How can you get green peppers

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“Green peppers are immature,” says Volker Henning from the Weihenstephan-Triesdorf University of Applied Sciences. That is not to say that they are not suitable for consumption. “After all, we also eat unripe peas or beans.” The still unripe green peppers can be particularly crunchy, if a little bit tart. If you cut it open, small, flat seeds sit in the white septum. However, since it is immature, its seeds are not suitable for reproduction. They are not yet ready to germinate.

To be sure that a pepper is ripe, you have to wait for it to change color. Most peppers change color from green to red, yellow, or orange. “It's a question of variety,” says horticulturist Henning. "Their color depends on which dyes are formed in the course of ripening."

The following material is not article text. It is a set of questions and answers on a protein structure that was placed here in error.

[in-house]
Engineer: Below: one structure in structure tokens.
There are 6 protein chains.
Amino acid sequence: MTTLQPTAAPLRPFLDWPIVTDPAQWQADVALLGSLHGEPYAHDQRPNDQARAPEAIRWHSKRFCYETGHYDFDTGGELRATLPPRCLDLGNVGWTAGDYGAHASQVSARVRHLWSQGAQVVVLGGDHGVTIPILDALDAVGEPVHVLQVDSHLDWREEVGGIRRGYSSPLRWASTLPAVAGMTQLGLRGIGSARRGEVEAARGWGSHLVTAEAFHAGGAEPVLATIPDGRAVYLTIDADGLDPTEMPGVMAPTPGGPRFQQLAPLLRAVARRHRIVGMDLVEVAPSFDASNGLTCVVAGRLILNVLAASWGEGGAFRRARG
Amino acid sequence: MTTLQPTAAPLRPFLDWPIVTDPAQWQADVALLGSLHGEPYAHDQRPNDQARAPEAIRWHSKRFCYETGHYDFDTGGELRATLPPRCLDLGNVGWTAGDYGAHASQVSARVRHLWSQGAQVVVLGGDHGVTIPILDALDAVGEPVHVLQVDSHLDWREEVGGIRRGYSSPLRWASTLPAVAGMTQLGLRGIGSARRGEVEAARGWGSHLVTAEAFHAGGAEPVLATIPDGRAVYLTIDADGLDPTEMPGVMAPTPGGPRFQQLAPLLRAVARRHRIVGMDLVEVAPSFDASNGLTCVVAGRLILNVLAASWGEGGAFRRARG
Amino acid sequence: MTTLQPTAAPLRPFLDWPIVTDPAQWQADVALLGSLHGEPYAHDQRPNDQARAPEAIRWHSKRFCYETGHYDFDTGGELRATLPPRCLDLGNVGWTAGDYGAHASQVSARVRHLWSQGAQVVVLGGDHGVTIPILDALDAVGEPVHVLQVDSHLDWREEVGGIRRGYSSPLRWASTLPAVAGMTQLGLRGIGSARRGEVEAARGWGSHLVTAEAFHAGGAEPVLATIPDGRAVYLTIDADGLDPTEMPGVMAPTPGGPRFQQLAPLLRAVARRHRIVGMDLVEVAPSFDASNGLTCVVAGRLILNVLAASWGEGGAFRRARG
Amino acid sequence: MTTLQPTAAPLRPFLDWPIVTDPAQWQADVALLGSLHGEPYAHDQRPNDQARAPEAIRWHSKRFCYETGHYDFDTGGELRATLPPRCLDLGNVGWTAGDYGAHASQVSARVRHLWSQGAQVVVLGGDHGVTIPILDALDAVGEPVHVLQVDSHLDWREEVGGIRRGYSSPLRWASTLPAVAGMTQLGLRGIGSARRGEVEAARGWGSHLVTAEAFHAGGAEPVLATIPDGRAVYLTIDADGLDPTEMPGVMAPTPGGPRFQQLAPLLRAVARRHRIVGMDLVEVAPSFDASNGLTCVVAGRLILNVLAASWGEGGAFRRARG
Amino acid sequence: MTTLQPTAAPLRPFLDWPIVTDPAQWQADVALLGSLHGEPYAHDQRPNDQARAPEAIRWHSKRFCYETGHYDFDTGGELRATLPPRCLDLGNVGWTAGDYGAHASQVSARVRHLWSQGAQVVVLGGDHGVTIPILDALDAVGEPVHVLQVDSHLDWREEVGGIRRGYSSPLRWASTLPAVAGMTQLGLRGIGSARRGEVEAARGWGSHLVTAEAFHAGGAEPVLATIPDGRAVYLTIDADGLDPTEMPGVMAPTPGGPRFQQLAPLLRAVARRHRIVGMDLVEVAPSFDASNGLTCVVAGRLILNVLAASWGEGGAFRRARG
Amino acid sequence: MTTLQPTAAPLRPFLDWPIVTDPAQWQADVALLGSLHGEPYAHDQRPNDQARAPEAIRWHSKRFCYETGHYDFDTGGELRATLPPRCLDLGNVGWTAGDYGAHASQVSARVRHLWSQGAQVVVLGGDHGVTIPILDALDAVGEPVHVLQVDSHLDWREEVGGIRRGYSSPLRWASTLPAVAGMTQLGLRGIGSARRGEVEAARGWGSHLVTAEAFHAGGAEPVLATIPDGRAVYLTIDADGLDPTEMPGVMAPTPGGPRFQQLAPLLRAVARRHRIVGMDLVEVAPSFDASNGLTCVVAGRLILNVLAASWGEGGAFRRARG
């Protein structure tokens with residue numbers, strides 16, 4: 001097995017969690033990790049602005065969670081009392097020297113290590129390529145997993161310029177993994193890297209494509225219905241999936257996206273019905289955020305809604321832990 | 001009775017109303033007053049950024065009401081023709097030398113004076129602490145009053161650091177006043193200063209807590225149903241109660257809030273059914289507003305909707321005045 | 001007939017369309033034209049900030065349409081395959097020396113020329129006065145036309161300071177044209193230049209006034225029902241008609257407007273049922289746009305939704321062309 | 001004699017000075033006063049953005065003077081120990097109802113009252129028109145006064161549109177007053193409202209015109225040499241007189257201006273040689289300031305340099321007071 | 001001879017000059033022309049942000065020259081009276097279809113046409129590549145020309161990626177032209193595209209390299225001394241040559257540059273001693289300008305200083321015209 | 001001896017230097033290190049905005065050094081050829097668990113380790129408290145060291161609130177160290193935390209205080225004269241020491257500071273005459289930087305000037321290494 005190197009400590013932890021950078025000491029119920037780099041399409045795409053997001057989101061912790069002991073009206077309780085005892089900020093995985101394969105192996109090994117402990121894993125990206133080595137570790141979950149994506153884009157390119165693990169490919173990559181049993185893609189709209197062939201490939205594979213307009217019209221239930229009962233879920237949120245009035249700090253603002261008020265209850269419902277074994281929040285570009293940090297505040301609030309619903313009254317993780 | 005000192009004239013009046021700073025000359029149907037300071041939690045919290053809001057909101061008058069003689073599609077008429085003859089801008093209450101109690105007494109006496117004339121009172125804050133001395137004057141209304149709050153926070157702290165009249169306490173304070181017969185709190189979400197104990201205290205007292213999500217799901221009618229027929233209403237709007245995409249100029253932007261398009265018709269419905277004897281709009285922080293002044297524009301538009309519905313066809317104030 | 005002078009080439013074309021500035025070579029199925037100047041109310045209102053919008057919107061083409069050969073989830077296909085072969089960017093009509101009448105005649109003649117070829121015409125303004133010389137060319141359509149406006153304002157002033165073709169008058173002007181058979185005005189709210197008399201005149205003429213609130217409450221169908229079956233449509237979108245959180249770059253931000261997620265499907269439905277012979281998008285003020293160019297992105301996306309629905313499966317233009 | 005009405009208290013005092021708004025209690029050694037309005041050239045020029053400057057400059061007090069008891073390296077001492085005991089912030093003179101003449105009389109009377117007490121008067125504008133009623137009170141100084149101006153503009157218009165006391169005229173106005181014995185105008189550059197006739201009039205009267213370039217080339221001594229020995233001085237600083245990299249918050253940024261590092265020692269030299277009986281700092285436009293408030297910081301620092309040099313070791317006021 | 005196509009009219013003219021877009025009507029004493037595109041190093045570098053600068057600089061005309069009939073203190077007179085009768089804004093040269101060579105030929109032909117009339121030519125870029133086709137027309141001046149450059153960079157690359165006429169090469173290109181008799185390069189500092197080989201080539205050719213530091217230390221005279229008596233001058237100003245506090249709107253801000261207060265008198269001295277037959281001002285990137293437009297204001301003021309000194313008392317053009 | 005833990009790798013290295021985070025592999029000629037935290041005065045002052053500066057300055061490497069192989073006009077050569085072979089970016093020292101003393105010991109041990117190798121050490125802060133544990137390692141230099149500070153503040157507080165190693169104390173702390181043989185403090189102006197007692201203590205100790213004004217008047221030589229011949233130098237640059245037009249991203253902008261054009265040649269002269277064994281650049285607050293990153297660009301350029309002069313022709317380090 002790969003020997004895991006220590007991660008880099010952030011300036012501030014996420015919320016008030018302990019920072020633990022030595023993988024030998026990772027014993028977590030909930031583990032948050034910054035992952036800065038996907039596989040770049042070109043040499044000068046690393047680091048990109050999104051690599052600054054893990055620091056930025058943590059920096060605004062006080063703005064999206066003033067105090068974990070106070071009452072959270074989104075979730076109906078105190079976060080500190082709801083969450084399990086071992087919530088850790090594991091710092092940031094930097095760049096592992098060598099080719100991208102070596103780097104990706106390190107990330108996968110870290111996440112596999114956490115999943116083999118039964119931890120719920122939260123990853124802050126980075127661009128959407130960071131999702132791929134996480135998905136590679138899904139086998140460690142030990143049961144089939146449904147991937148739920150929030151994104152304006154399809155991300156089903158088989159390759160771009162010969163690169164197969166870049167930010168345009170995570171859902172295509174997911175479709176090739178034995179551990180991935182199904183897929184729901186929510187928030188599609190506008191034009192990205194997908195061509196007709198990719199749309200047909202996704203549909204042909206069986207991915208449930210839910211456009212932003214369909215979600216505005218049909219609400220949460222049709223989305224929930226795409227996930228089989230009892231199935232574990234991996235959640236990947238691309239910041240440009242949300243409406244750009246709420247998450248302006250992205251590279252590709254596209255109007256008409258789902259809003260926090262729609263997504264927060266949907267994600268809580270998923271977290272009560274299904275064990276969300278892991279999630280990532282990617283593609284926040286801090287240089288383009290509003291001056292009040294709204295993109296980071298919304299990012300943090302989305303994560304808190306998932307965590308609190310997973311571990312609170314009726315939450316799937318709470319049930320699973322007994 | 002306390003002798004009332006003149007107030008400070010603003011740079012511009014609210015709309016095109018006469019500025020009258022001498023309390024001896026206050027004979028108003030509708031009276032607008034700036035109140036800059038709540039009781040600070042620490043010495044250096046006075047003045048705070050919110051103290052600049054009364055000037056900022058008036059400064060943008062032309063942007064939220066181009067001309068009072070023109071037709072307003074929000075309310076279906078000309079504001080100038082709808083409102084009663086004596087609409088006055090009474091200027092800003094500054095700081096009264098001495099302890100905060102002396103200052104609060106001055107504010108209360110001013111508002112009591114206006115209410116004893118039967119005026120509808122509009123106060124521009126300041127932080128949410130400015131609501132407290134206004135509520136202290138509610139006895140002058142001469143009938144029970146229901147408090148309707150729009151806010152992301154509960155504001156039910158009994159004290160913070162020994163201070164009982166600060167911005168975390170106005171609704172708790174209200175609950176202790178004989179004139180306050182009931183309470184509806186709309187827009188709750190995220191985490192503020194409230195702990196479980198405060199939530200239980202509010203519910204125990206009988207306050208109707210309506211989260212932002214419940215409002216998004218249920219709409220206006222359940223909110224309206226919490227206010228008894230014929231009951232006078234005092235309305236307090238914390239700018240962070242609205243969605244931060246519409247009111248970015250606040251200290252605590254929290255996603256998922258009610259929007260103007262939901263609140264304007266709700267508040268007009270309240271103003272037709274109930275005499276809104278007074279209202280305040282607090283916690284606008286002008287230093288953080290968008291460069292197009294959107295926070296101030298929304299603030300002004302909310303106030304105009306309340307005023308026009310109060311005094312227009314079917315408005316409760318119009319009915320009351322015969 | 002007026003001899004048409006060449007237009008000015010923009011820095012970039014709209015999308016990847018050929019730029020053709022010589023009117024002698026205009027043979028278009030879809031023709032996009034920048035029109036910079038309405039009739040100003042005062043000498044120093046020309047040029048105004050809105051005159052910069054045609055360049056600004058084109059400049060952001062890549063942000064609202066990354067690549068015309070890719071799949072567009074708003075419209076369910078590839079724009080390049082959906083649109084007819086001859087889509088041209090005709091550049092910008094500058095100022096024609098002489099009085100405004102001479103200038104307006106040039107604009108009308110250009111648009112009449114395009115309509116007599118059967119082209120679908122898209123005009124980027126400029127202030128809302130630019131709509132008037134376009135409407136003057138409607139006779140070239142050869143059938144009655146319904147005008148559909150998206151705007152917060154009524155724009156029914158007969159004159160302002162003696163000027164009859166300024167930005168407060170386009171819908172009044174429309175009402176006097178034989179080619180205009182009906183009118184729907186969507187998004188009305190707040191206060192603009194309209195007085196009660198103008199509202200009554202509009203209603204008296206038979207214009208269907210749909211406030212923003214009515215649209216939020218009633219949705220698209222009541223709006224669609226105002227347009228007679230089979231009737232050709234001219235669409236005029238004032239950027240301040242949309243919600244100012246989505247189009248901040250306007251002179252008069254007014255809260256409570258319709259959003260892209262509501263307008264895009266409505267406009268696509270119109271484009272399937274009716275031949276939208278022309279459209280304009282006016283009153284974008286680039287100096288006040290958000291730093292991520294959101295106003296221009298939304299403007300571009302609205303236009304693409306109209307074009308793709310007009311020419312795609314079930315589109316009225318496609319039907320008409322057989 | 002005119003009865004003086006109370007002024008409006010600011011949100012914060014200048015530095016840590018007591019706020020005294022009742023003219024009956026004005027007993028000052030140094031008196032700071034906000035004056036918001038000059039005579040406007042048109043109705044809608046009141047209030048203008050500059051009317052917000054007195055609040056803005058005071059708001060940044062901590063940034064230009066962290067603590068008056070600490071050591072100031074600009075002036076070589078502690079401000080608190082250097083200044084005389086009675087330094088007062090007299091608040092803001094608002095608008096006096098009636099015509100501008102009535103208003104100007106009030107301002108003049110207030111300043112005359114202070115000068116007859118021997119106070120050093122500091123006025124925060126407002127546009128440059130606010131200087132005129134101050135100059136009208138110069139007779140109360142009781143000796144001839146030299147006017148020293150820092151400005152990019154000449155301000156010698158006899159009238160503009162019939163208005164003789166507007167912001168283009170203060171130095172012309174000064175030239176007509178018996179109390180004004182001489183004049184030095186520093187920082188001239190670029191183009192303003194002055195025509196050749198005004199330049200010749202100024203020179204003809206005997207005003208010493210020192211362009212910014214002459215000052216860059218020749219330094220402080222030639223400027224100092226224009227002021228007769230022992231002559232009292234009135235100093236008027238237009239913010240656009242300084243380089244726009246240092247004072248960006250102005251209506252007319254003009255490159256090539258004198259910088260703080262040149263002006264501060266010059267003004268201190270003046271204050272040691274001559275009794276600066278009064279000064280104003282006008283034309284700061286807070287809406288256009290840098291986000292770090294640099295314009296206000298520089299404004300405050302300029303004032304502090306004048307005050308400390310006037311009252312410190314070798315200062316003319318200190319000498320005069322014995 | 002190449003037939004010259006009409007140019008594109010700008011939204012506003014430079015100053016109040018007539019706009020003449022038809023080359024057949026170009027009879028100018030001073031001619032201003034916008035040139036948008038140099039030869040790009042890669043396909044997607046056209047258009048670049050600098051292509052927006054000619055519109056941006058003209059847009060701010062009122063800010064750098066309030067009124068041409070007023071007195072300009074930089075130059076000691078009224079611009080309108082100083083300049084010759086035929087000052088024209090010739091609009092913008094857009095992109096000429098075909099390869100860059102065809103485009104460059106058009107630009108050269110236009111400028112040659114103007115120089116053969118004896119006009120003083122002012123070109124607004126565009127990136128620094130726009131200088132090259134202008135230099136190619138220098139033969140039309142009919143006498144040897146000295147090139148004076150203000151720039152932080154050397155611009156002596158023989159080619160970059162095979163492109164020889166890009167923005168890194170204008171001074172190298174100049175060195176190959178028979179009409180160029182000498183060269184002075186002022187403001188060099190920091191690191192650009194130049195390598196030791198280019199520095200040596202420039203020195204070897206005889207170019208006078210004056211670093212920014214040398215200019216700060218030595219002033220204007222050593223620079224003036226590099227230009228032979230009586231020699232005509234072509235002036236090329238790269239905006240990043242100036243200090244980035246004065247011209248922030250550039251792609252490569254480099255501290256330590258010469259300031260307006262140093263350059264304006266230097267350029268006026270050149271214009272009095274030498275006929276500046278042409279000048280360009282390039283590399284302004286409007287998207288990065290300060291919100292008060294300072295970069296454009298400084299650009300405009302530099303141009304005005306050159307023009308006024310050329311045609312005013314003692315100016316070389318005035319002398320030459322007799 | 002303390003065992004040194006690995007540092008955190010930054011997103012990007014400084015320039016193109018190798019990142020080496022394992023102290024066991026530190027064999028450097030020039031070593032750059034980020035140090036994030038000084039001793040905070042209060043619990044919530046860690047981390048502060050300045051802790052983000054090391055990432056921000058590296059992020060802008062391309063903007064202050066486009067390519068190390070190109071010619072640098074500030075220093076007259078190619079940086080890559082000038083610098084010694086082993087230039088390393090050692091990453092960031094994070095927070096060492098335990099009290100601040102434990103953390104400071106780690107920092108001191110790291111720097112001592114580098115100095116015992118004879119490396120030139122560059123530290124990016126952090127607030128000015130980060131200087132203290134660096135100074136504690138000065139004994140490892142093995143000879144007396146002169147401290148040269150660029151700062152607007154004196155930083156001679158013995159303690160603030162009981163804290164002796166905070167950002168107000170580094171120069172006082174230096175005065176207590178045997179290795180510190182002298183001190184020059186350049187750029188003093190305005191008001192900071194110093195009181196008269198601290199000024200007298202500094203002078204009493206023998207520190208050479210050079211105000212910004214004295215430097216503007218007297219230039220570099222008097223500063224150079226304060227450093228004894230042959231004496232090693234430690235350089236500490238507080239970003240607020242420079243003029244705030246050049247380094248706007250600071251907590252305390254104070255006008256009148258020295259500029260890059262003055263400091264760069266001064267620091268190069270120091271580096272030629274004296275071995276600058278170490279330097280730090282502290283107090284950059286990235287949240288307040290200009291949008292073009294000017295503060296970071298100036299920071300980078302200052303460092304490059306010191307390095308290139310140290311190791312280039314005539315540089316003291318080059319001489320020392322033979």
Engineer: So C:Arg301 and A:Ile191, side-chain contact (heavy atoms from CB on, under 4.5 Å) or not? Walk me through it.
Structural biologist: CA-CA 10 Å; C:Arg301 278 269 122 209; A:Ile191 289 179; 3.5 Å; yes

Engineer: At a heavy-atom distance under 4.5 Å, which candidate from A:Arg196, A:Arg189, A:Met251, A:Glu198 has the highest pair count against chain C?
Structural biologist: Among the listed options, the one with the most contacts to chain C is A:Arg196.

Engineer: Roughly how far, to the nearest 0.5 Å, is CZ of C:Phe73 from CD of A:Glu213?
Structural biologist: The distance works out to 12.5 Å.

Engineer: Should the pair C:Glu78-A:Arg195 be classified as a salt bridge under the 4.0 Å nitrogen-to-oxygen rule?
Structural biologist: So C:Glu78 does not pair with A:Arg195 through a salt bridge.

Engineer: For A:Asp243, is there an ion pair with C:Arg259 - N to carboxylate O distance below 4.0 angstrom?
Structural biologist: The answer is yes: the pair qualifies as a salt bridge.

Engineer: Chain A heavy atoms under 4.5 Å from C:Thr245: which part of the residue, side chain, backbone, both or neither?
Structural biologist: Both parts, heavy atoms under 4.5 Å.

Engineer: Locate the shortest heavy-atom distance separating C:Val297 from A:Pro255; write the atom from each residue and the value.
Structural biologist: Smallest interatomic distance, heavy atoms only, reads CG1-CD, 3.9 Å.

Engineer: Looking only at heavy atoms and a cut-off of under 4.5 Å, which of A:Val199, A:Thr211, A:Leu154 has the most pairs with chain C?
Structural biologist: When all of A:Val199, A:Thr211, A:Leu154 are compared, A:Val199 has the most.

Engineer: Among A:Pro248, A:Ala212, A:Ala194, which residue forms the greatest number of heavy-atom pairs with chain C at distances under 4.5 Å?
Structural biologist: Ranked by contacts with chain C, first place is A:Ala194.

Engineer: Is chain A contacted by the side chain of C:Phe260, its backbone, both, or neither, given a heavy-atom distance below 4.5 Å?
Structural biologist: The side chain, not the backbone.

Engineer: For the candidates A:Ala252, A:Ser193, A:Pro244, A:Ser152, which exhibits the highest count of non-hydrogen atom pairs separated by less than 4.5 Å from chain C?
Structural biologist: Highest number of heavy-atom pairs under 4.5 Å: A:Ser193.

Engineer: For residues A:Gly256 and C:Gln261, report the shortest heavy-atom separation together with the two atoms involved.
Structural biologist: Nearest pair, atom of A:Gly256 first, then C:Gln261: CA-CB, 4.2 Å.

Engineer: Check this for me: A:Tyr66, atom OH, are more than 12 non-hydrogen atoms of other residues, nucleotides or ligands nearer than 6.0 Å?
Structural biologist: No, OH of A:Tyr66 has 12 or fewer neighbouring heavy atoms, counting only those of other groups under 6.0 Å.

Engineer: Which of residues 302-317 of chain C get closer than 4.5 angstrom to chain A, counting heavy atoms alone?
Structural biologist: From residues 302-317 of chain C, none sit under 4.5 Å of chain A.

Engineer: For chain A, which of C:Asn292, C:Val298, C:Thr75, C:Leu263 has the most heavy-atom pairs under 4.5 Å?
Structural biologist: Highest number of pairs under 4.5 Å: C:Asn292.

A sweet pepper owes its appearance mainly to the carotenoids. These pigments are known for the color of the carrots. But the color palette of the carotenoids ranges from yellow zeaxanthin in maize to capsanthin and capsorubin of fiery red chili peppers.

Plants can synthesize carotenoids themselves, but animals only ingest them through food. Many birds receive the color pigments for their colorful plumage in this way. For us, the carotenoids are above all healthy: They are precursors of vitamin A and help to ward off free oxygen radicals.

In a bell pepper, carotenoids are initially overlaid by the green chlorophyll. They only come to light during the ripening process, because then the nightshade plant breaks down the green coloring matter. In the case of piebald peppers, there are still residues of chlorophyll here and there. There are only a few types of peppers that produce almost no carotenoids at all. Their pods are pale yellow, almost white.

Green peppers are usually cheaper than red or yellow peppers because they are harvested earlier. This way, new fruits grow back faster. The farmer has to wait longer for the milder and sweeter red and yellow peppers, the yield is not that high.

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